This is a Northern Thai-type relish, involving a peanut-and-chili dip, cut fruit and vegetable sticks, and fried soft-shell-crab. Relishes/dips like this are a bit hard to parse out for the Western among us, but are a nice complement to a full meal like this one. It's a good concept. The soft-shell crab was fried to the approximate texture of a potato chip, which was delightful.
Stir-fried fish dumplings with pak wan, a tasty Southeast Asian green. (There are a LOT of varieties of Southeast-Asian-green-thing). I liked the delicate fish dumplings in combination with the greens. It's a good dish, albeit not an incredibly refined one. Then again, refined isn't really the point of Nahm, as Thompson himself would tell you - it's about interpreting and using old Thai recipes. Some may object to this philosophy when dropping down $50 bucks a head on dinner in an otherwise remarkably budget-friendly city, but, personally, I can work with it.
The Massaman curry was very rich and very filling, as Massaman ought to be. I like the thick, dense flavor of cinnamon here - the spicing in this dish was much more complex and interested to figure-out then other Massaman's I've sampled, with an almost Indian depth of flavor. (Not surprising, really - Massaman, after all, directly translates as "Muslim" curry, It's rich as hell and a bit difficult to finish, but I believe we did it justice. It's definitely the chocolate-double-fudge-cake of Thai recipes. Man, that was a weird analogy.
I had jackfruit simmered in coconut cream with steamed sugar palm pudding (a squishy cake, for the non-Anglicized among us). Jackfruit is pretty much like durian's less anti-social younger brother. I really like it. This is a fairly typical Thai dessert, and for good reason.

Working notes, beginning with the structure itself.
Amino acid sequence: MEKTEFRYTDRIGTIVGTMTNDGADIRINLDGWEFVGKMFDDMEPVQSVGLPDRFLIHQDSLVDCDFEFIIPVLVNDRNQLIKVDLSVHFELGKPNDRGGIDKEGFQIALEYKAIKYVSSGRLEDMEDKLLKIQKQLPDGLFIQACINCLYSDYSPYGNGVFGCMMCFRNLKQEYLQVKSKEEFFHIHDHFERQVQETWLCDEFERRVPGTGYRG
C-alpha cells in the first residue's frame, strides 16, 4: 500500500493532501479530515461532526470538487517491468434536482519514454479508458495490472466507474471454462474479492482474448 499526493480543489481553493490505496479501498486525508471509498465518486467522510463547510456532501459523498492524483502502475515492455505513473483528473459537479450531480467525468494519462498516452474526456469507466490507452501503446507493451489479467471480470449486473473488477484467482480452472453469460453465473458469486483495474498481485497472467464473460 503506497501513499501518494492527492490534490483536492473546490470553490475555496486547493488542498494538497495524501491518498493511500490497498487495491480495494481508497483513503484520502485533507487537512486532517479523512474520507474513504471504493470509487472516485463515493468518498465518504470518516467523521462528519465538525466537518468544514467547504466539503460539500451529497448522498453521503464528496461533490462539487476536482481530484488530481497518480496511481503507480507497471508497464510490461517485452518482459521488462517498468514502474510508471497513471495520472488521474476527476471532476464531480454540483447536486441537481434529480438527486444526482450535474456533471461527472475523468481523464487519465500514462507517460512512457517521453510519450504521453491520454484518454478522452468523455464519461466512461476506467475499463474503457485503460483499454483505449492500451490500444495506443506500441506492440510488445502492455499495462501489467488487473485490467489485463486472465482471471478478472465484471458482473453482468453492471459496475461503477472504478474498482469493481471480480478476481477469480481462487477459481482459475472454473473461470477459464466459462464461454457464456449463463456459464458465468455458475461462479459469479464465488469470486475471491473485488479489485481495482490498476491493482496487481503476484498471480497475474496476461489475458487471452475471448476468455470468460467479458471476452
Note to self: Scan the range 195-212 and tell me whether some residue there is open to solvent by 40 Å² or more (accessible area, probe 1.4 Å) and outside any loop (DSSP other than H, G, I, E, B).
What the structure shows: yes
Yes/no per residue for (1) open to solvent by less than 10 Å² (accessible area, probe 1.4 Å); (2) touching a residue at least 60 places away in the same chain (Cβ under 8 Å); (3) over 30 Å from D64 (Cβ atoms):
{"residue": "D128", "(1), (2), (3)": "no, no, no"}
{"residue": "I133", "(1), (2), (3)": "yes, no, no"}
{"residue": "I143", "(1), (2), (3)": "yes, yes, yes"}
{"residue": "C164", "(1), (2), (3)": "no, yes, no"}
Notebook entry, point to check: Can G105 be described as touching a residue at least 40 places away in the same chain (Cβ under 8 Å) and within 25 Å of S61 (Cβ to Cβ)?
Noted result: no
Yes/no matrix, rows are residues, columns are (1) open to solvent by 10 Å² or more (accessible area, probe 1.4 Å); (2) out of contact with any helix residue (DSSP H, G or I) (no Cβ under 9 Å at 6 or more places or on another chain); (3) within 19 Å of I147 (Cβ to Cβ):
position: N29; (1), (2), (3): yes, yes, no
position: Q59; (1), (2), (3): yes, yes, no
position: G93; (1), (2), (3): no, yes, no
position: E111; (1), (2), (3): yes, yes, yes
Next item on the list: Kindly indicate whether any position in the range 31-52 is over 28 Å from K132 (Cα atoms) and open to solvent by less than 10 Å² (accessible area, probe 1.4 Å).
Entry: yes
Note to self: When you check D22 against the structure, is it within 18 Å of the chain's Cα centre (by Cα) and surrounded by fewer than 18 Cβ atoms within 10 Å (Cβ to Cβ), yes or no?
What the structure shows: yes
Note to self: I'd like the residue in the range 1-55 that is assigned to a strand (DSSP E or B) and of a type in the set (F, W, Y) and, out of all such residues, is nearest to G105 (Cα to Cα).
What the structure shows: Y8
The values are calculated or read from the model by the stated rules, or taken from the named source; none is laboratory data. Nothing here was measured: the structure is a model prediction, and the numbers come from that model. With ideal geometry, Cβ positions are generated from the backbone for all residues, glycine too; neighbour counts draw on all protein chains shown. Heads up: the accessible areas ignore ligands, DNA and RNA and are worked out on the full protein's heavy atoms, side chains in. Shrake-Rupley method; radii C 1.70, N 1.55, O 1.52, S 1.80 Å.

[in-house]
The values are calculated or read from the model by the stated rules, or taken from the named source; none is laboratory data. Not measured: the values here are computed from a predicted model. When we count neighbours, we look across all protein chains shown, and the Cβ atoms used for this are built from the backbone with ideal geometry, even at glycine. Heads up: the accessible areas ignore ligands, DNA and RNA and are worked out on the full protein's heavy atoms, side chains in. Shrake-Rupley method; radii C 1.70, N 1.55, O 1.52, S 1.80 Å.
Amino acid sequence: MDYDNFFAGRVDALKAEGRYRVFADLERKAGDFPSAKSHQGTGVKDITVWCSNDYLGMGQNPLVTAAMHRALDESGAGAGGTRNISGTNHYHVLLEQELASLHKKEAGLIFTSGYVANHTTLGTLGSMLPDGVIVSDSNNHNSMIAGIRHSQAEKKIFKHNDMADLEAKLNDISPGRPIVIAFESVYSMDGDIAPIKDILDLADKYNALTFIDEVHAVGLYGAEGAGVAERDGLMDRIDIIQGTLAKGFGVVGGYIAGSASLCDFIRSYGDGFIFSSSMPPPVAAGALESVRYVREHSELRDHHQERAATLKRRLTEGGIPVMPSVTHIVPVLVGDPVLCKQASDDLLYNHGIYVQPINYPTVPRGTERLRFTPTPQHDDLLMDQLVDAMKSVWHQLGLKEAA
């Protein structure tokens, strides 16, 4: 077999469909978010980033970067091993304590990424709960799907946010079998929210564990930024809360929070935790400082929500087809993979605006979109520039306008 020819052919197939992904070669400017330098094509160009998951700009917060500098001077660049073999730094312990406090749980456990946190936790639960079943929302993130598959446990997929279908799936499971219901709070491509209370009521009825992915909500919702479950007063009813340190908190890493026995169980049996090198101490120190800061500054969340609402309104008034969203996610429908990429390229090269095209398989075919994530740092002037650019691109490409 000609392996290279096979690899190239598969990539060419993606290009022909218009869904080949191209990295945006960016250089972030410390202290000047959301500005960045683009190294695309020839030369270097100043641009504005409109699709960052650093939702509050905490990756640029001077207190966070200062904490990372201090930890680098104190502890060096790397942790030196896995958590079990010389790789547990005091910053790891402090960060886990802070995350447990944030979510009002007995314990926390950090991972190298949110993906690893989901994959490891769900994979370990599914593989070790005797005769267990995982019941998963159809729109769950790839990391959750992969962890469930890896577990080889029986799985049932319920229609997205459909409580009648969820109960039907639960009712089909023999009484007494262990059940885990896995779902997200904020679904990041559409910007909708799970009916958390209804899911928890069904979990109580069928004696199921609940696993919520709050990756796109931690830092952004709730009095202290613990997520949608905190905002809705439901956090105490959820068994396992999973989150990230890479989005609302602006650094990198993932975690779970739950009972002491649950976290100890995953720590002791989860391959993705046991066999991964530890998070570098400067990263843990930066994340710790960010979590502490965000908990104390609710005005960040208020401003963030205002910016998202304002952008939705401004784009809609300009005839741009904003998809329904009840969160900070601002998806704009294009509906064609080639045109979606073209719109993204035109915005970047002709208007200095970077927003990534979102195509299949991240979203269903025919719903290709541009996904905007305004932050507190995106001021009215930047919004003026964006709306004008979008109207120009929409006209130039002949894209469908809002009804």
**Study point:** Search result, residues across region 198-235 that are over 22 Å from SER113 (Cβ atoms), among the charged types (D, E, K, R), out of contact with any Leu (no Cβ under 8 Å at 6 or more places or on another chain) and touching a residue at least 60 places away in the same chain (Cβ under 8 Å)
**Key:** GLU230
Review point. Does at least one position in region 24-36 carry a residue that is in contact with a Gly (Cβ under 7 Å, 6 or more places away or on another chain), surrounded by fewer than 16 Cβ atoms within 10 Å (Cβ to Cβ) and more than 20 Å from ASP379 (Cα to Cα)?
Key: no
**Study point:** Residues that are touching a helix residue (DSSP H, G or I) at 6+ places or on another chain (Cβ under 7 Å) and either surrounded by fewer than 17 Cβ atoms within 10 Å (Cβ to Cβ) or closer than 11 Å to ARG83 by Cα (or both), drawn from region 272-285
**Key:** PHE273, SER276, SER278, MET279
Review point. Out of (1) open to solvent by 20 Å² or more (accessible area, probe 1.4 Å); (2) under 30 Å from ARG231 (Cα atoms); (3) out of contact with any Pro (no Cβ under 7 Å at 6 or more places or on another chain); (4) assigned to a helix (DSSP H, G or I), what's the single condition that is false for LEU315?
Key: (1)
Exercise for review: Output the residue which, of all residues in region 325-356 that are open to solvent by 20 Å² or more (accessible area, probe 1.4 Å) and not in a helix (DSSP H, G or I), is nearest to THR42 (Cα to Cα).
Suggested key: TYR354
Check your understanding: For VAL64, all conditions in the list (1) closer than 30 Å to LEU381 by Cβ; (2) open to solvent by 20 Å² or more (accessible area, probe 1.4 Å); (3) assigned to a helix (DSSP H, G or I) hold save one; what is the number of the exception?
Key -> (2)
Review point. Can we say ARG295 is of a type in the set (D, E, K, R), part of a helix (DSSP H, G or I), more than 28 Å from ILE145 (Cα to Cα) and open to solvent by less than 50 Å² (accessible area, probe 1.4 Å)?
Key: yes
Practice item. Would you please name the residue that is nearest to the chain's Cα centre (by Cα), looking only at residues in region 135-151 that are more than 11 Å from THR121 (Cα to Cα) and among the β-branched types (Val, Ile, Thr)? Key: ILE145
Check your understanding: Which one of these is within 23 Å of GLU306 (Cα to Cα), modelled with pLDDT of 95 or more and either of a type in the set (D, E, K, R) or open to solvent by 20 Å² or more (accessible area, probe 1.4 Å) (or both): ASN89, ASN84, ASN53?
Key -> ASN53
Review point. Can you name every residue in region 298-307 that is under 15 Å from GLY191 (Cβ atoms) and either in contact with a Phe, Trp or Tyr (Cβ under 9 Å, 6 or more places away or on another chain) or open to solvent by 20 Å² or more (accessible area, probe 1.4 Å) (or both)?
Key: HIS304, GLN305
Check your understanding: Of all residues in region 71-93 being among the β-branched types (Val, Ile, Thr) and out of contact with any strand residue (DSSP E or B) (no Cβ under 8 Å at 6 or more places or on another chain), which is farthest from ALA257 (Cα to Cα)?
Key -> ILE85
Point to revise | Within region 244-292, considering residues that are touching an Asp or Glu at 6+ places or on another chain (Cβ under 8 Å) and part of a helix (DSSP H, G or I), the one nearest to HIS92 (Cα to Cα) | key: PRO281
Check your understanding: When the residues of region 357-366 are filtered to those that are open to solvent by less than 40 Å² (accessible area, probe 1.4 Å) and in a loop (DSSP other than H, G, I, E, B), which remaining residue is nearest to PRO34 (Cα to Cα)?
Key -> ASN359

Finally, another Thai classic - simmered black rice with (more) coconut milk and a side dish of some chewy and slightly jelly-like coconut confection. Thai desserts don't really get enough respect, is what I'm getting at. I like how light and fruit-centric they are when compared to Western confectionery.
We found the selection of Thai sweets fascinating. These are flavors and textures that just don't make it out West much, unless you're going snooping in the Asian grocery store. We were particularly taken by the light, slightly chewy texture of these coconut confections. One beef: Nahm's menu is not posted anywhere on the Internet, which means I can't, unequivocally, tell you what this stuff is. (Other then the extremely obvious - and curiously hollow - meringue.) Considering that one of Nahm's functions is educational - well, fix it, guys.
Needless to say, I can give Nahm a whole-hearted recommendation. What I find most interesting - and appealing - about Nahm is the way all of these dishes work together to produce a fairly traditionally minded Thai meal. I've had all of these dishes (or some variation on the theme) on their own, but I haven't had them all at once in a large, synchronized meal before.
Some Southeast Asians who have reviewed Nahm have noted that it reminds them of home cooking. Which is exactly the point, and something those of us hailing from the West haven't really experienced before. Although the restaurant is a bit spendy for Bangkok (and would be highly reasonable by San Francisco or European standards), it's worth it for an upscale and thought provoking Thai meal. You can get your kicks eating weird things off the street also - I mean, I do - but Nahm could be a nice departure from the norm for food obsessed Bangkok visitors. Try it.